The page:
Cane farmers in Kakamega County have decried the smuggling of cheap sugar into the local market.
They fear the cheap sugar imports could result in a slump in the local market, further hurting the struggling sugar factories.
Latest statistics released by the Sugar Directorate reveals that imports increased to 86 per cent in first quarter of this year compared to a similar period last year.
Between January and March, the sugar imports hit 118,065 tonnes compared to 63,496 tonnes in same period last year.
Kenya National Federation of Sugarcane Farmers has urged the government to intervene and have unscrupulous individuals engaging in illegal imports arrested and prosecuted.
“The activities are tantamount to economic sabotage because by bringing in cheap sugar, they are risking the survival of our already battered domestic sugar sector,” said Simon Wesechere, the federation’s deputy secretary-general.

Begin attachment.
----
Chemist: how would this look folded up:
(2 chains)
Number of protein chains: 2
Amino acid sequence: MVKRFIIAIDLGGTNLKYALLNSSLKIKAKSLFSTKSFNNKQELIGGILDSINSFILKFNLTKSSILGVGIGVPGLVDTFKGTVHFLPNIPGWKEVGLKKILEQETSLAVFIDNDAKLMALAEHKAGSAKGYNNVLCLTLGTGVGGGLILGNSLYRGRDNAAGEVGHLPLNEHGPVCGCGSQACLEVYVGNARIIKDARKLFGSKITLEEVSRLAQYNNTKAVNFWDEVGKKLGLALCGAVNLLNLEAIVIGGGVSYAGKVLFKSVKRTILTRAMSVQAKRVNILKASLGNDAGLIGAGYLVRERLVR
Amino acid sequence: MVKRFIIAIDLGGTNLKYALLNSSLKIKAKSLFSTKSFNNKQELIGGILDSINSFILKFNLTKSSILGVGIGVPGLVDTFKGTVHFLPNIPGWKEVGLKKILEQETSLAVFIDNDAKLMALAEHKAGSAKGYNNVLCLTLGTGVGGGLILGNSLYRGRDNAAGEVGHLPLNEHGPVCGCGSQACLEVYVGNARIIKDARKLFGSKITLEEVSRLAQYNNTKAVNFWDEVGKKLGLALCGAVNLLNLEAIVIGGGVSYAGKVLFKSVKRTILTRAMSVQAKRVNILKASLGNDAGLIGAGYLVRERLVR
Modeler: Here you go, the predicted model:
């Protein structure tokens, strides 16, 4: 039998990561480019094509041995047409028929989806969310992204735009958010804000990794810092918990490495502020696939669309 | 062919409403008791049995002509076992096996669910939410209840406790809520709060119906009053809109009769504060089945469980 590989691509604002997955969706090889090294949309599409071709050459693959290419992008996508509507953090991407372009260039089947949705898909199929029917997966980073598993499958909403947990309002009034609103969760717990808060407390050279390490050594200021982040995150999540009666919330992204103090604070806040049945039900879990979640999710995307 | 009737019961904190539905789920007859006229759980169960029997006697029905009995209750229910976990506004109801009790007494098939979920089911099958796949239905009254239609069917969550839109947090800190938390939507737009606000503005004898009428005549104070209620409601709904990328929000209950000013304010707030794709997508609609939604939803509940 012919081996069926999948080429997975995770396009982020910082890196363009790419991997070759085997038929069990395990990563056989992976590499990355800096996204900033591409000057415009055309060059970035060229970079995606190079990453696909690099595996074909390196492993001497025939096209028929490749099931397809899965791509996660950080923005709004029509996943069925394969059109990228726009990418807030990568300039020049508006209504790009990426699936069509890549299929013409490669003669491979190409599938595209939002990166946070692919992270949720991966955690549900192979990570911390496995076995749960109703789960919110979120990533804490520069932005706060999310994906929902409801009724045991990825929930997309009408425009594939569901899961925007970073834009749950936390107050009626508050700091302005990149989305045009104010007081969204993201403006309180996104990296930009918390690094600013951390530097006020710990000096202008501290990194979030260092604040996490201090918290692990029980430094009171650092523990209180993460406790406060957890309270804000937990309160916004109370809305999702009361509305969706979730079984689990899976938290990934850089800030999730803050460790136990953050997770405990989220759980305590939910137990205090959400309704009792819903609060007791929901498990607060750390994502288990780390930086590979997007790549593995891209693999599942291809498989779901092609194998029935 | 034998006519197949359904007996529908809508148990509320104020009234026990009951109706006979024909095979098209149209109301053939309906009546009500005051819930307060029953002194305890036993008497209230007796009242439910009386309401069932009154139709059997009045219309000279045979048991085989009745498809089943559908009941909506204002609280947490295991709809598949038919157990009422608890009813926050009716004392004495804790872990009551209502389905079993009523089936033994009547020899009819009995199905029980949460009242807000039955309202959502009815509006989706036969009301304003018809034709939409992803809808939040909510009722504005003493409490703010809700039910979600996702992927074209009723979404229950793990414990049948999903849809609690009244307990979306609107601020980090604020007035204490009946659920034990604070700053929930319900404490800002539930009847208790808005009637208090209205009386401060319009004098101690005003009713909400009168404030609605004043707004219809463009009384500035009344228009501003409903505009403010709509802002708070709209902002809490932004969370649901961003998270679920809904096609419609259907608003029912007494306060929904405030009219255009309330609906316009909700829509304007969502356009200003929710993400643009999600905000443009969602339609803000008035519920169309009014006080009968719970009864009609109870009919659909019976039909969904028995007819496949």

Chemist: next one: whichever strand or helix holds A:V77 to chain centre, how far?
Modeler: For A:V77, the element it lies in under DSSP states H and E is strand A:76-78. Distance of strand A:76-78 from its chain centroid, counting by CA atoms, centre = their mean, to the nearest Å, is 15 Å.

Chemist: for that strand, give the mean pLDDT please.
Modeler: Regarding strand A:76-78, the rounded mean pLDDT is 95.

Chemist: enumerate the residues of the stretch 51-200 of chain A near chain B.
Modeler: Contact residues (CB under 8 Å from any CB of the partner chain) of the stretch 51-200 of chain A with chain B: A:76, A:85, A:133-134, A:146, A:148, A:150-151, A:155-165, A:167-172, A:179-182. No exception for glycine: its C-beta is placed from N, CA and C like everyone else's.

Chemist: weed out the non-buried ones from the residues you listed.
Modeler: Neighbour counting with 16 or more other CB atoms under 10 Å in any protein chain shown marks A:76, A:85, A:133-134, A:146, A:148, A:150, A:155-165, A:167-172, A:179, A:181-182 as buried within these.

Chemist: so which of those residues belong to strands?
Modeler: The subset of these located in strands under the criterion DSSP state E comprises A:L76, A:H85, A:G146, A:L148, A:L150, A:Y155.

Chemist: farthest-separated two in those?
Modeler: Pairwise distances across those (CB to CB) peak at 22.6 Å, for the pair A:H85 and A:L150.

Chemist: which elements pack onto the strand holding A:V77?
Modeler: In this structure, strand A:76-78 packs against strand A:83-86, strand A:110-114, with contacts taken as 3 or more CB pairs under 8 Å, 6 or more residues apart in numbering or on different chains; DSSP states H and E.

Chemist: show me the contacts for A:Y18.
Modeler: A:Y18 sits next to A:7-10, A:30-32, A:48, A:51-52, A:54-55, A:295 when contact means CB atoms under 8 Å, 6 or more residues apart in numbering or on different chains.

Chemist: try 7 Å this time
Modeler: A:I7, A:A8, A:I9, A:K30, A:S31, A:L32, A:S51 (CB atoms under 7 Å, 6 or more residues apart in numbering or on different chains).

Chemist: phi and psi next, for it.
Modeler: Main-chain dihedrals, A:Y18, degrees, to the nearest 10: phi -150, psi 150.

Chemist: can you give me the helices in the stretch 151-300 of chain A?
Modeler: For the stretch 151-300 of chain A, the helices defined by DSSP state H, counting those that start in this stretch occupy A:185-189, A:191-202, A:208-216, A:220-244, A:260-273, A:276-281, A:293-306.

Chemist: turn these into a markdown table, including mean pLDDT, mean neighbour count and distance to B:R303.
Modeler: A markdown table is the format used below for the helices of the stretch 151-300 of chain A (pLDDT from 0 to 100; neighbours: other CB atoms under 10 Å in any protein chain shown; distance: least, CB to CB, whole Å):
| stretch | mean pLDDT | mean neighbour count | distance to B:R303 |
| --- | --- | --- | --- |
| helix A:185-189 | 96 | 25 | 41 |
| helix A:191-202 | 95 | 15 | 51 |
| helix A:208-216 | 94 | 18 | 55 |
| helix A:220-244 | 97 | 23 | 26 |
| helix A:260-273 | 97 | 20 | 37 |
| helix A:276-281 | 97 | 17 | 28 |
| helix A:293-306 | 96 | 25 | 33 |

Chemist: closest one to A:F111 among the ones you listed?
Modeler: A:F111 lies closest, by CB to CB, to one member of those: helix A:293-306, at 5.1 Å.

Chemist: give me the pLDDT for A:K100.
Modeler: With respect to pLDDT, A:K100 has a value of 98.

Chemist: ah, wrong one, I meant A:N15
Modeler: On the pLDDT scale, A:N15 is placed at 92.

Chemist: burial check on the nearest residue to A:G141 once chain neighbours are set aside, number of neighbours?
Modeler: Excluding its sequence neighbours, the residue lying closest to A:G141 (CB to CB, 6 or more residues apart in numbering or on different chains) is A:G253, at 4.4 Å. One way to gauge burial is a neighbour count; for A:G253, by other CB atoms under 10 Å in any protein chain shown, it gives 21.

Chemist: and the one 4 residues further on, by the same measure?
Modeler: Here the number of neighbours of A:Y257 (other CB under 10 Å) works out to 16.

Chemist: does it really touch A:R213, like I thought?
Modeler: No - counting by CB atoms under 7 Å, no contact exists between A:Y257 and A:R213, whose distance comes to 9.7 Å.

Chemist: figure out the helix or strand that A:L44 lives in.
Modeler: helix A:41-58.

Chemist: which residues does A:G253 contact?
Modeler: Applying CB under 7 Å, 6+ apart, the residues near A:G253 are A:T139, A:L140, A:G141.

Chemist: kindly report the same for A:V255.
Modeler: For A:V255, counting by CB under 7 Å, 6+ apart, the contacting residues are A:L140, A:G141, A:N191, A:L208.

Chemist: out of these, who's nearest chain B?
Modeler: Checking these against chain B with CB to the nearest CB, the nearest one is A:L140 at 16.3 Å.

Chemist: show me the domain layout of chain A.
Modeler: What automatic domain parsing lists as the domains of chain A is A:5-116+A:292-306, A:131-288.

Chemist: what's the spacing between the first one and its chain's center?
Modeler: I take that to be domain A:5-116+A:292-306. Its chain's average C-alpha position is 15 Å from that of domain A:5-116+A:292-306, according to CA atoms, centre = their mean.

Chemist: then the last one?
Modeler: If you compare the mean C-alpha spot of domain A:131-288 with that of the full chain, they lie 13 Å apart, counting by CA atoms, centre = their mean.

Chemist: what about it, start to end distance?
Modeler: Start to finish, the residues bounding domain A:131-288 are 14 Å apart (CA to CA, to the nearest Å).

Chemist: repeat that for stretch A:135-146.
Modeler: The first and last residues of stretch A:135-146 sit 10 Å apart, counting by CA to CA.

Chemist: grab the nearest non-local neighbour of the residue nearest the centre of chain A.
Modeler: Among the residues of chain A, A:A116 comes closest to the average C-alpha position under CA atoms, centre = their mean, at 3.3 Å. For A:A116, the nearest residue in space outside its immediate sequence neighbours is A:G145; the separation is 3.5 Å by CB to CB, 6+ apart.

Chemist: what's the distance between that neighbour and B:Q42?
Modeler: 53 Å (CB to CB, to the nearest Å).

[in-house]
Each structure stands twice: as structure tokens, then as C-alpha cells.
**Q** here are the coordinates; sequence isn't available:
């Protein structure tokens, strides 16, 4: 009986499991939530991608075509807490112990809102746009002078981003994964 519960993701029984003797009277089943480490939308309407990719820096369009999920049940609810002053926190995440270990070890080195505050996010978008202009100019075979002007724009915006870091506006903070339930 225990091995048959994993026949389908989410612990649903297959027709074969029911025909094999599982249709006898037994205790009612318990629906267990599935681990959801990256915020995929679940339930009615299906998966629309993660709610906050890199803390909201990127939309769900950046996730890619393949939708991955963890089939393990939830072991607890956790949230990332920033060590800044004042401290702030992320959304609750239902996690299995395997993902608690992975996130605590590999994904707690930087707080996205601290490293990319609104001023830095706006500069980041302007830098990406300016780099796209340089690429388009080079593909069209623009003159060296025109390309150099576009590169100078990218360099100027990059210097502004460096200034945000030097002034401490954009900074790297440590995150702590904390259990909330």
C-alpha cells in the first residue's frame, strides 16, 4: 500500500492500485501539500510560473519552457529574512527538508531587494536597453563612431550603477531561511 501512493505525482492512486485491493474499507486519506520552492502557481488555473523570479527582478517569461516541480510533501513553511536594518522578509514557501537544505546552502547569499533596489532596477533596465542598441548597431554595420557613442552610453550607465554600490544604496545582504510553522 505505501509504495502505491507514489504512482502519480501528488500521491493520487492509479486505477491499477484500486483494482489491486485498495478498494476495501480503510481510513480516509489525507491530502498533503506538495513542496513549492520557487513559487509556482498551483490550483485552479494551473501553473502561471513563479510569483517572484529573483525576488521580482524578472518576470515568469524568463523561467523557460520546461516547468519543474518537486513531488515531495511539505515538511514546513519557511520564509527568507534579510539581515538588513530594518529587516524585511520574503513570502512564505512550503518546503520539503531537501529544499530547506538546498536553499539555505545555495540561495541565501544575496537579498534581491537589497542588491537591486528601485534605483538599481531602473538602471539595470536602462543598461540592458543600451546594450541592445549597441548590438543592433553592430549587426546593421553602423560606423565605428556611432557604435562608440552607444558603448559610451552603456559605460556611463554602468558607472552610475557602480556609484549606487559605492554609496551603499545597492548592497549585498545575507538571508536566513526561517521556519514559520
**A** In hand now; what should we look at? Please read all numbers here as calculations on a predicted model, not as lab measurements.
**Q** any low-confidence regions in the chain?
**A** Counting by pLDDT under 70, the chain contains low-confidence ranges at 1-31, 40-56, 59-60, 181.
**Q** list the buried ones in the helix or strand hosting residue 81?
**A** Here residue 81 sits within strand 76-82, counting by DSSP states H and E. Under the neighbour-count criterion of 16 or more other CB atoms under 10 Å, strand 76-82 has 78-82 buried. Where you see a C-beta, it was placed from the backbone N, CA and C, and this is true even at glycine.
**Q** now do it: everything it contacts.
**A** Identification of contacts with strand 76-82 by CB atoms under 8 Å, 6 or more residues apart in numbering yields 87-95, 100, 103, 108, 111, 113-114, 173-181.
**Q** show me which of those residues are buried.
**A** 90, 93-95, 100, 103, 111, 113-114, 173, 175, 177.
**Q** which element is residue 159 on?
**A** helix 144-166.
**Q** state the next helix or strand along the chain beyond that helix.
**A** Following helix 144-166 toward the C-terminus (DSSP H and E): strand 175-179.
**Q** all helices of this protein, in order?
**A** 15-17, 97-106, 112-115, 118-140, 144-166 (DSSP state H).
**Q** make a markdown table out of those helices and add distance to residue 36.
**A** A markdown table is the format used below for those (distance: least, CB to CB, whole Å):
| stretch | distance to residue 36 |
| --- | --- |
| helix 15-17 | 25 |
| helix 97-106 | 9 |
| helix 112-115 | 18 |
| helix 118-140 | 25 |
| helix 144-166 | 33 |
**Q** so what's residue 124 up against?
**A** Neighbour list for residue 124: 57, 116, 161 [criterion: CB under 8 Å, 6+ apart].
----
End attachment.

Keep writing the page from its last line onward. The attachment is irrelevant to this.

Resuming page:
Earlier, Kakamega County Assembly Deputy Speaker Leonard Kasaya and Isukha South ward representative Farouk Machanje termed the imports alarming.
According to Mr Kasaya, sugar barons were taking advantage of the coronavirus pandemic crisis to smuggle into the country excess sugar.
He urged Interior Cabinet Secretary Fred Matiang’i and his Agriculture counterpart Peter Munya to take action against the culprits.
According to Machanje, Kenya ought to tread carefully because the Common Market for Eastern and Southern Africa (Comesa) has already indicated its unwillingness to extend a moratorium on imports from partner States as a way of protecting the local industry from unhealthy competition.
Kenya was granted a two-year extension of the sugar safeguards by the Comesa until February 2021.
The decision, which offers relief to Kenyan millers who face competition due to cheap sugar imports, was arrived at during the 20th Comesa summit in Lusaka.
Kenya wanted an extension of the safeguard for a maximum of two years, a request some countries supported while others opposed.